## 7.5 Conclusion

### 7.5.1 Sampling scenarios

In this chapter, we performed both tactile and virtual sampling exercises to infer about an unknown proportion. We also presented a case study of sampling in real life with polls. In each case, we used the sample proportion \(\widehat{p}\) to estimate the population proportion \(p\). However, we are not just limited to scenarios related to proportions. In other words, we can use sampling to estimate other population parameters using other point estimates as well. We present four more such scenarios in Table 7.5.

Scenario | Population parameter | Notation | Point estimate | Symbol(s) |
---|---|---|---|---|

1 | Population proportion | \(p\) | Sample proportion | \(\widehat{p}\) |

2 | Population mean | \(\mu\) | Sample mean | \(\overline{x}\) or \(\widehat{\mu}\) |

3 | Difference in population proportions | \(p_1 - p_2\) | Difference in sample proportions | \(\widehat{p}_1 - \widehat{p}_2\) |

4 | Difference in population means | \(\mu_1 - \mu_2\) | Difference in sample means | \(\overline{x}_1 - \overline{x}_2\) |

5 | Population regression slope | \(\beta_1\) | Fitted regression slope | \(b_1\) or \(\widehat{\beta}_1\) |

In the rest of this book, we’ll cover all the remaining scenarios as follows:

- In Chapter 8, we’ll cover examples of statistical inference for
- Scenario 2: The mean age \(\mu\) of all pennies in circulation in the US.
- Scenario 3: The difference \(p_1 - p_2\) in the proportion of people who yawn
*when seeing someone else yawn first*minus the proportion of people who yawn*without seeing someone else yawn first*. This is an example of*two-sample*inference.

- In Chapter 9, we’ll cover an example of statistical inference for
- Scenario 4: The difference \(\mu_1 - \mu_2\) in mean IMDb ratings for action and romance movies. This is another example of
*two-sample*inference.

- Scenario 4: The difference \(\mu_1 - \mu_2\) in mean IMDb ratings for action and romance movies. This is another example of
- In Chapter 10, we’ll cover an example of statistical inference for regression by revisiting the regression models for teaching score as a function of various instructor demographic variables you saw in Chapters 5 and 6.
- Scenario 5: The slope \(\beta_1\) of the population regression line.

### 7.5.2 Central Limit Theorem

What you visualized in Figures 7.12 and 7.14 and summarized in Tables 7.1 and 7.3 was a demonstration of a famous theorem, or mathematically proven truth, called the *Central Limit Theorem*. It loosely states that when sample means are based on larger and larger sample sizes, the sampling distribution of these sample means becomes both more and more normally shaped and more and more narrow.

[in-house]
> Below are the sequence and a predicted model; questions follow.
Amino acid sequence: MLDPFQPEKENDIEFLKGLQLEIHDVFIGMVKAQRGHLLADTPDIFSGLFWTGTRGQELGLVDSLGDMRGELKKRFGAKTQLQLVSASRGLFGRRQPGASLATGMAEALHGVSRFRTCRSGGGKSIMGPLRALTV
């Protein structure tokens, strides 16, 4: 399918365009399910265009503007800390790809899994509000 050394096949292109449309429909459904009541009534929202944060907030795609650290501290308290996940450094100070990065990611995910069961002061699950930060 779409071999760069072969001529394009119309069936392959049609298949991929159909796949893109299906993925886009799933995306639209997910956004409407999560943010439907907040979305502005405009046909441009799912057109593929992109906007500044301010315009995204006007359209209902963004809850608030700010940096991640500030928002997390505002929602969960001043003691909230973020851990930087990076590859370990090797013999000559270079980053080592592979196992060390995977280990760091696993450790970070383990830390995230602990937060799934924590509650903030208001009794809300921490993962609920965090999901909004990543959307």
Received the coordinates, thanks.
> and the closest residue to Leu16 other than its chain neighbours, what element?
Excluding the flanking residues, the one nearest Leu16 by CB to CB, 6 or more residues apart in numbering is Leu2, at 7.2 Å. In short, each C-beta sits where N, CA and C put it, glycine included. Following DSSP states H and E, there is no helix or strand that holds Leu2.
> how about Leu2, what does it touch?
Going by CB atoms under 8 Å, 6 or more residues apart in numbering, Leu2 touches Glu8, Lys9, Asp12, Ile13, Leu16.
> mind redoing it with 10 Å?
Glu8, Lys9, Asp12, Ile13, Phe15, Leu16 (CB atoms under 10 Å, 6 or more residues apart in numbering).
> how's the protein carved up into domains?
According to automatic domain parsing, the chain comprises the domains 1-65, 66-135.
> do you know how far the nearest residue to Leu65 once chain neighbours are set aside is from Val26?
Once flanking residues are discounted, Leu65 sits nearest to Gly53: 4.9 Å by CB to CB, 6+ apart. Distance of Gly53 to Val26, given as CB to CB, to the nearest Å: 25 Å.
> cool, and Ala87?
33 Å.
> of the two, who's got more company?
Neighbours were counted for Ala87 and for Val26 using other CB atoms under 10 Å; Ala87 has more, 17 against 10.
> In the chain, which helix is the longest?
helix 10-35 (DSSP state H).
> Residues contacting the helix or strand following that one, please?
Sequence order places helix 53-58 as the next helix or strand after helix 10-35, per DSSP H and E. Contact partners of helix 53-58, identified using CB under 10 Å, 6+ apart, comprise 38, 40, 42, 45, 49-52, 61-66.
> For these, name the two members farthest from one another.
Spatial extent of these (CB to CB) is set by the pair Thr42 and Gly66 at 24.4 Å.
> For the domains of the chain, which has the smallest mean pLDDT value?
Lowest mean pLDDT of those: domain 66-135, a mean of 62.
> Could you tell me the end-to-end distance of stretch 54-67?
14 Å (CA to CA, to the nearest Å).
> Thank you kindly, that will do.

In other words, their sampling distribution increasingly follows a *normal distribution* and the variation of these sampling distributions gets smaller, as quantified by their standard errors.

Shuyi Chiou, Casey Dunn, and Pathikrit Bhattacharyya created a 3-minute and 38-second video at https://youtu.be/jvoxEYmQHNM explaining this crucial statistical theorem using the average weight of wild bunny rabbits and the average wingspan of dragons as examples. Figure 7.17 shows a preview of this video.

### 7.5.3 Additional resources

An R script file of all R code used in this chapter is available here.

### 7.5.4 What’s to come?

Recall in our Obama poll case study in Section 7.4 that based on this particular sample, the best guess by Kennedy School’s Institute of Politics at Harvard University of the U.S. President Obama’s approval rating among all young Americans was 41%. However, this isn’t the end of the story. If you read the article further, it states:

The online survey of 2,089 adults was conducted from Oct. 30 to Nov. 11, just weeks after the federal government shutdown ended and the problems surrounding the implementation of the Affordable Care Act began to take center stage. The poll’s margin of error was plus or minus 2.1 percentage points.

Note the term *margin of error*, which here is “plus or minus 2.1 percentage points.” Most polls won’t produce an estimate that’s perfectly right; there will always be a certain amount of error caused by *sampling variation*. The margin of error of plus or minus 2.1 percentage points is saying that a typical range of errors for polls of this type is about \(\pm\) 2.1%, in words from about 2.1% too small to about 2.1% too big. We can restate this as the interval of \([41\% - 2.1\%, 41\% + 2.1\%] = [37.9\%, 43.1\%]\) (this notation indicates the interval contains all values between 37.9% and 43.1%, including the end points of 37.9% and 43.1%). We’ll see in the next chapter that such intervals are known as *confidence intervals*.